Image of university students celebrating
Think locally, study globally. Photo ©

Keith Luke on Unsplash, used under licence and adapted from the original.

March 2019

UK universities are global players with local responsibilities. Insight looks at the tensions this can cause and what they can and are doing to alleviate them, for the benefit of their local communities and the UK as a whole. 

A Global Success

The University of Nottingham and the UPP Foundation Civic University Commission recently published a report exploring the civic role of universities, and arguing that this is more important than ever for securing a successful future for the UK’s cities, towns and communities. 

UK universities are a huge success story for the country and a vital sector as it seeks to build on its status as a Global Britain after Brexit. They dominate the international rankings, with some showing four of the top ten universities in the world being based in the UK. Their economic value to the country is high and growing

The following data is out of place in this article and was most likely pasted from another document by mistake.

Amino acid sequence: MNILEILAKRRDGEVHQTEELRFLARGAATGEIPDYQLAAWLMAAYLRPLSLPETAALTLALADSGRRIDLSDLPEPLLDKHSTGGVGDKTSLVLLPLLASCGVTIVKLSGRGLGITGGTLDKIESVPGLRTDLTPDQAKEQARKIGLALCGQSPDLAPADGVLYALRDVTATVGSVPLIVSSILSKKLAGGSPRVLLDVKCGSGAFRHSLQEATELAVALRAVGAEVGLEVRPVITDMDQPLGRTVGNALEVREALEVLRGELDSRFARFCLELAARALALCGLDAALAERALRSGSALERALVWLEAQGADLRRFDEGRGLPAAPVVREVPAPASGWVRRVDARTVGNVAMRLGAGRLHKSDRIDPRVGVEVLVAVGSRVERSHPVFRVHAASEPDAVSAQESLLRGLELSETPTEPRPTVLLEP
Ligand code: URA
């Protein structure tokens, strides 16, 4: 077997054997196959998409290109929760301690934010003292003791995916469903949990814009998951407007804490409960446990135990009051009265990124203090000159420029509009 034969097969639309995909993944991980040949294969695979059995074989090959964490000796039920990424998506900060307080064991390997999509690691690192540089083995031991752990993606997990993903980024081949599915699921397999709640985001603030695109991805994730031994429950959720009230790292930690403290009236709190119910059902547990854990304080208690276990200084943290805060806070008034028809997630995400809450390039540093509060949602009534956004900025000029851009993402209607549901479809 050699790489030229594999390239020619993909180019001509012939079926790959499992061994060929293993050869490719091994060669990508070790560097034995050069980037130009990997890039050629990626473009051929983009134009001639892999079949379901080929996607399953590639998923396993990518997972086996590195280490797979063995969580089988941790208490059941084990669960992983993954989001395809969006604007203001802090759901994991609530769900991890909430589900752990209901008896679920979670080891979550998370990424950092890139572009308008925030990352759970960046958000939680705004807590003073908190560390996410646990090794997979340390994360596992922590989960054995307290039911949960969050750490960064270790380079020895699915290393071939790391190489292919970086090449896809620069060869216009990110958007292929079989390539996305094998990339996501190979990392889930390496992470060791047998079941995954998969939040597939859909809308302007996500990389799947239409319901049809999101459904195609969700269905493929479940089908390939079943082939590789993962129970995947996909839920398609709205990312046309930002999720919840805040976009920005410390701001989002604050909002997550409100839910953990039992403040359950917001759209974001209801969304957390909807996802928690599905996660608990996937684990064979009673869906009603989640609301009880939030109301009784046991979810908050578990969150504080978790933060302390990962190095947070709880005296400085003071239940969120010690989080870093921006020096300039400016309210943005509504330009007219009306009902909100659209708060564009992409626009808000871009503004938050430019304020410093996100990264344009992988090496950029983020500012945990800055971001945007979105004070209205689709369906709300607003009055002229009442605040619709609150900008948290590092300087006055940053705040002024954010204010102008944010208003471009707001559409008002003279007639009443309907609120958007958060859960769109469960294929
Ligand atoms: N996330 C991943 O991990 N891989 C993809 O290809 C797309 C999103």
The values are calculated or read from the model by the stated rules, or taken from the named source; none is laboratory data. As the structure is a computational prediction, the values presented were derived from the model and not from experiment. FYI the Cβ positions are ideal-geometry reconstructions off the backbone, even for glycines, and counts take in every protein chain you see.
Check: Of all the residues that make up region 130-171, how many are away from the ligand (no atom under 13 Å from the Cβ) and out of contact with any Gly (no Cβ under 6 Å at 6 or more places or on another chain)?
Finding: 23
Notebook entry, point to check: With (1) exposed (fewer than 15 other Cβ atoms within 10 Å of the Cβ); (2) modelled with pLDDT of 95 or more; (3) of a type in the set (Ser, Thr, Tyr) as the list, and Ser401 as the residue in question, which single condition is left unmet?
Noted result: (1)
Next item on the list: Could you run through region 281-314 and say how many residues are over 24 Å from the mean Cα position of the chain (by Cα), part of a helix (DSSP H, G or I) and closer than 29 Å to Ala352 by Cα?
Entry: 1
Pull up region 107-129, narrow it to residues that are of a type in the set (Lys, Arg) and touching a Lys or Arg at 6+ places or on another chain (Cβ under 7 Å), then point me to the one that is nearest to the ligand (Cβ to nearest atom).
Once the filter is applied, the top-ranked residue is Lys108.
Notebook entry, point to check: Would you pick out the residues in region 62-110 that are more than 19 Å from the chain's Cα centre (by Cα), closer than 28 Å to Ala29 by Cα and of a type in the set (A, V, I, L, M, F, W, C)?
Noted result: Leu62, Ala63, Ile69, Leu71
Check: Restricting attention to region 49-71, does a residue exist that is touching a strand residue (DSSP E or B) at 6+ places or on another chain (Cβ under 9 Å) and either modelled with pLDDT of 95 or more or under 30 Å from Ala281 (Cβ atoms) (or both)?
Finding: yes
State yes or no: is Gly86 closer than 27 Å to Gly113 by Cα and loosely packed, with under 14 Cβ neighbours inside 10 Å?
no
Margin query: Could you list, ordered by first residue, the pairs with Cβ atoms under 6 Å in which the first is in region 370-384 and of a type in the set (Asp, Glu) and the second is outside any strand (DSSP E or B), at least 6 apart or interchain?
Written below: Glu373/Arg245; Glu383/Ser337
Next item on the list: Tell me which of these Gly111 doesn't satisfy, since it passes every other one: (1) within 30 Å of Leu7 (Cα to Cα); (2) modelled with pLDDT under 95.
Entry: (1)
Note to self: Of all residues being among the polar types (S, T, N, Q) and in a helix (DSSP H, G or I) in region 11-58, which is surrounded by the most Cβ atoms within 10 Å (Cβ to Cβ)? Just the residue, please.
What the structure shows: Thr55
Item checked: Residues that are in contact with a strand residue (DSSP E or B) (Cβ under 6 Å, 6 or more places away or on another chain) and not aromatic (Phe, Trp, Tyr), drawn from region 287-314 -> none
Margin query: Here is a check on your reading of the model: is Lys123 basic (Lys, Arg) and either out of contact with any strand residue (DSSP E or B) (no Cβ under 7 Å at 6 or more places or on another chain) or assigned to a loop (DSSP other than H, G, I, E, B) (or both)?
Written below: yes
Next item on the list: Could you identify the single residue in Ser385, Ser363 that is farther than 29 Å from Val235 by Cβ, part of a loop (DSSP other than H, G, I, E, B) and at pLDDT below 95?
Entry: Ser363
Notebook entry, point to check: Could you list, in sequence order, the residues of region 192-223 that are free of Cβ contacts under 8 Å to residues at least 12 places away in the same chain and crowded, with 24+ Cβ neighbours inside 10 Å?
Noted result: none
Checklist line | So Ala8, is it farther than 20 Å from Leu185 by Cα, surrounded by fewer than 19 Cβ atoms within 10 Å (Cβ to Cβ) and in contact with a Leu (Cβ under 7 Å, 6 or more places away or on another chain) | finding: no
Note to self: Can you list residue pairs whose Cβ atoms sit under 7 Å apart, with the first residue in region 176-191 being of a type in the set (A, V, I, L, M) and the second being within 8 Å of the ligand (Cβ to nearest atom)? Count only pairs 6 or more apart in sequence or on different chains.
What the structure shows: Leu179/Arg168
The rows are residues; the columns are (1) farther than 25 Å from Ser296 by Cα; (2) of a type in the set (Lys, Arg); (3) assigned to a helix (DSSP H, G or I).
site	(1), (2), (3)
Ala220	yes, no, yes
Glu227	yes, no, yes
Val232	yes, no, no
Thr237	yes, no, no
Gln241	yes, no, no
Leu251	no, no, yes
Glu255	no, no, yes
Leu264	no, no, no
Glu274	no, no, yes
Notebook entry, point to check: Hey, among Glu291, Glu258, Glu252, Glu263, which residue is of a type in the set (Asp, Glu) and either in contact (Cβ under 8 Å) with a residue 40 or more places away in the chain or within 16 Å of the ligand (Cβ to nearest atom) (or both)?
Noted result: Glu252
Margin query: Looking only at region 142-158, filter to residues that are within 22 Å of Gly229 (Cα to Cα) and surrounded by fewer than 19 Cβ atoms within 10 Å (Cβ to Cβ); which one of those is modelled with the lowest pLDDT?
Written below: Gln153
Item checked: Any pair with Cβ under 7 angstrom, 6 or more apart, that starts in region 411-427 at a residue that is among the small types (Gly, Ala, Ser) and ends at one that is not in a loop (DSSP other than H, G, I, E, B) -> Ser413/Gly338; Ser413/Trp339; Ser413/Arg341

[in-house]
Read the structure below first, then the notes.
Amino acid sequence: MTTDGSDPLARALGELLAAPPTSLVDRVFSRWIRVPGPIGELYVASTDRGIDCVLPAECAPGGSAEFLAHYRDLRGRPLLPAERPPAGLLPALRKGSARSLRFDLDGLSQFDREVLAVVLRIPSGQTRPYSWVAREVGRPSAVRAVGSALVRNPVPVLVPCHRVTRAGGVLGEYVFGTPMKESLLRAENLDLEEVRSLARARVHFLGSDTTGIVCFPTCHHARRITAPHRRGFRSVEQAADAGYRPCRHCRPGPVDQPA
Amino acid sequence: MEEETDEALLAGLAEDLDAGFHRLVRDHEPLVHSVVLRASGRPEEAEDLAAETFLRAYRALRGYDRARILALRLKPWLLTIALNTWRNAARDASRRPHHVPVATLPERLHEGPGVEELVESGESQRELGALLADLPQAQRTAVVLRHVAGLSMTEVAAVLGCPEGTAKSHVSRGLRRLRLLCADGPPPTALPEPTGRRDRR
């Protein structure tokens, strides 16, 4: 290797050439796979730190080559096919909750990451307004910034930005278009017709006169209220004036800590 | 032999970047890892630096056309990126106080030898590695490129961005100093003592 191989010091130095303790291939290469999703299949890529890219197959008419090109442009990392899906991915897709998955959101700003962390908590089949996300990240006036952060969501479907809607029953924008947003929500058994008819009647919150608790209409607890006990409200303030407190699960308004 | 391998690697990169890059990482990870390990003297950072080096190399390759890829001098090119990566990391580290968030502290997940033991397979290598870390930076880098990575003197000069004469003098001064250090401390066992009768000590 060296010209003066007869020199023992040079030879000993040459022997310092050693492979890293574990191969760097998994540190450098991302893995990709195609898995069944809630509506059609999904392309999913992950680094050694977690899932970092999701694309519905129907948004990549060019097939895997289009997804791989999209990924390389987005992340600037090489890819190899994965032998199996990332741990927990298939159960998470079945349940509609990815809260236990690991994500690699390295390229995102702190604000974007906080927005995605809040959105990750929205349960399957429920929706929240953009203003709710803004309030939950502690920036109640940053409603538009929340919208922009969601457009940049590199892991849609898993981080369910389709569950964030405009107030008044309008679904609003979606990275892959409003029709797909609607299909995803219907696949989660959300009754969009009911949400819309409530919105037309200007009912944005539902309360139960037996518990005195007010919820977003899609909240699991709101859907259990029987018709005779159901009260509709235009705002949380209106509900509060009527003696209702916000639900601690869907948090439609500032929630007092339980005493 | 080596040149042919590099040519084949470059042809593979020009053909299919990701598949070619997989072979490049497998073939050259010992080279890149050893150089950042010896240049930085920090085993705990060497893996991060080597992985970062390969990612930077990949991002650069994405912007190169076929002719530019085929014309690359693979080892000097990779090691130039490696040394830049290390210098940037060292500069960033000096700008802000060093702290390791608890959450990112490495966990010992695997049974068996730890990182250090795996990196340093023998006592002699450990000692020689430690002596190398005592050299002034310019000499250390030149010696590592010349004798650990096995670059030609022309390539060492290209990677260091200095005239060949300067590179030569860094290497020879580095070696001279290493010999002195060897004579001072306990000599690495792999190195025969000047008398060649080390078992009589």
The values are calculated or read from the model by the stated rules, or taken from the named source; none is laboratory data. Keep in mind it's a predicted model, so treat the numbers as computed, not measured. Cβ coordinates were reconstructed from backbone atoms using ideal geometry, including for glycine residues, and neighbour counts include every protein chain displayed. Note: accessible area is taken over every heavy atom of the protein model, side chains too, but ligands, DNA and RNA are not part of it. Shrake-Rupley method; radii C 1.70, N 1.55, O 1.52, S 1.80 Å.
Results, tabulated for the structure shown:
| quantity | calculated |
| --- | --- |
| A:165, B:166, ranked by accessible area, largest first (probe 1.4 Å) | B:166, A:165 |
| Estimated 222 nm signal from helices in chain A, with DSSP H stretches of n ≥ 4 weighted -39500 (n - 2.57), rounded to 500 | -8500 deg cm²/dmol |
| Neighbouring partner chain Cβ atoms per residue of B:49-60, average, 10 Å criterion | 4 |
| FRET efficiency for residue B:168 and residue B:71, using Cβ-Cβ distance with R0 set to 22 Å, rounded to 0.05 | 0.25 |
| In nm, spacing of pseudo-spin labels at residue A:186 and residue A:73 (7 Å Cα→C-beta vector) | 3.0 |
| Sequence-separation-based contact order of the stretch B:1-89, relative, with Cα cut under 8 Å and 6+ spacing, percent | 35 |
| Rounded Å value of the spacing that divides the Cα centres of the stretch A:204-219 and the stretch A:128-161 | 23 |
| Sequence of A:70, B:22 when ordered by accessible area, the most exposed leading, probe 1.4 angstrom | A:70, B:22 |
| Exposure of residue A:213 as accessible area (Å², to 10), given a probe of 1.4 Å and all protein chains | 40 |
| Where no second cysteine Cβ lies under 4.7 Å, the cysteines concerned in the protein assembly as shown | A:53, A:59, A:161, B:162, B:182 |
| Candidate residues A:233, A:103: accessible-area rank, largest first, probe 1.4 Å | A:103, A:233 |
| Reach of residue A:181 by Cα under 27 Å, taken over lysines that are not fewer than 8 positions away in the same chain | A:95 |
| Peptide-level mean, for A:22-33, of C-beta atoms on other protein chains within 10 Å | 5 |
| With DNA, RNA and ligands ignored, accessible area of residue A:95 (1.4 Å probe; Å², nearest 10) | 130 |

This must be right. UK universities are a huge success story for the country and a vital sector as it seeks to build on its status as a Global Britain after Brexit. They dominate the international rankings, with some showing four of the top ten universities in the world being based in the UK. Their economic value to the country is high and growing, particularly as the number of international students has risen from around 50,000 to around 500,000 in the last couple of decades, making the UK the world’s second most popular study destination, and bringing in around £20bn a year to the British economy, as well as significant if less tangible soft power benefits. In many places, universities also provide major economic anchors for their towns or cities. As the report says, universities are not only major employers; they also attract talent, do valuable research, and offer a wealth of culture and intellectual capital. They make it not just possible for people to live and work in a particular place, but desirable to do so.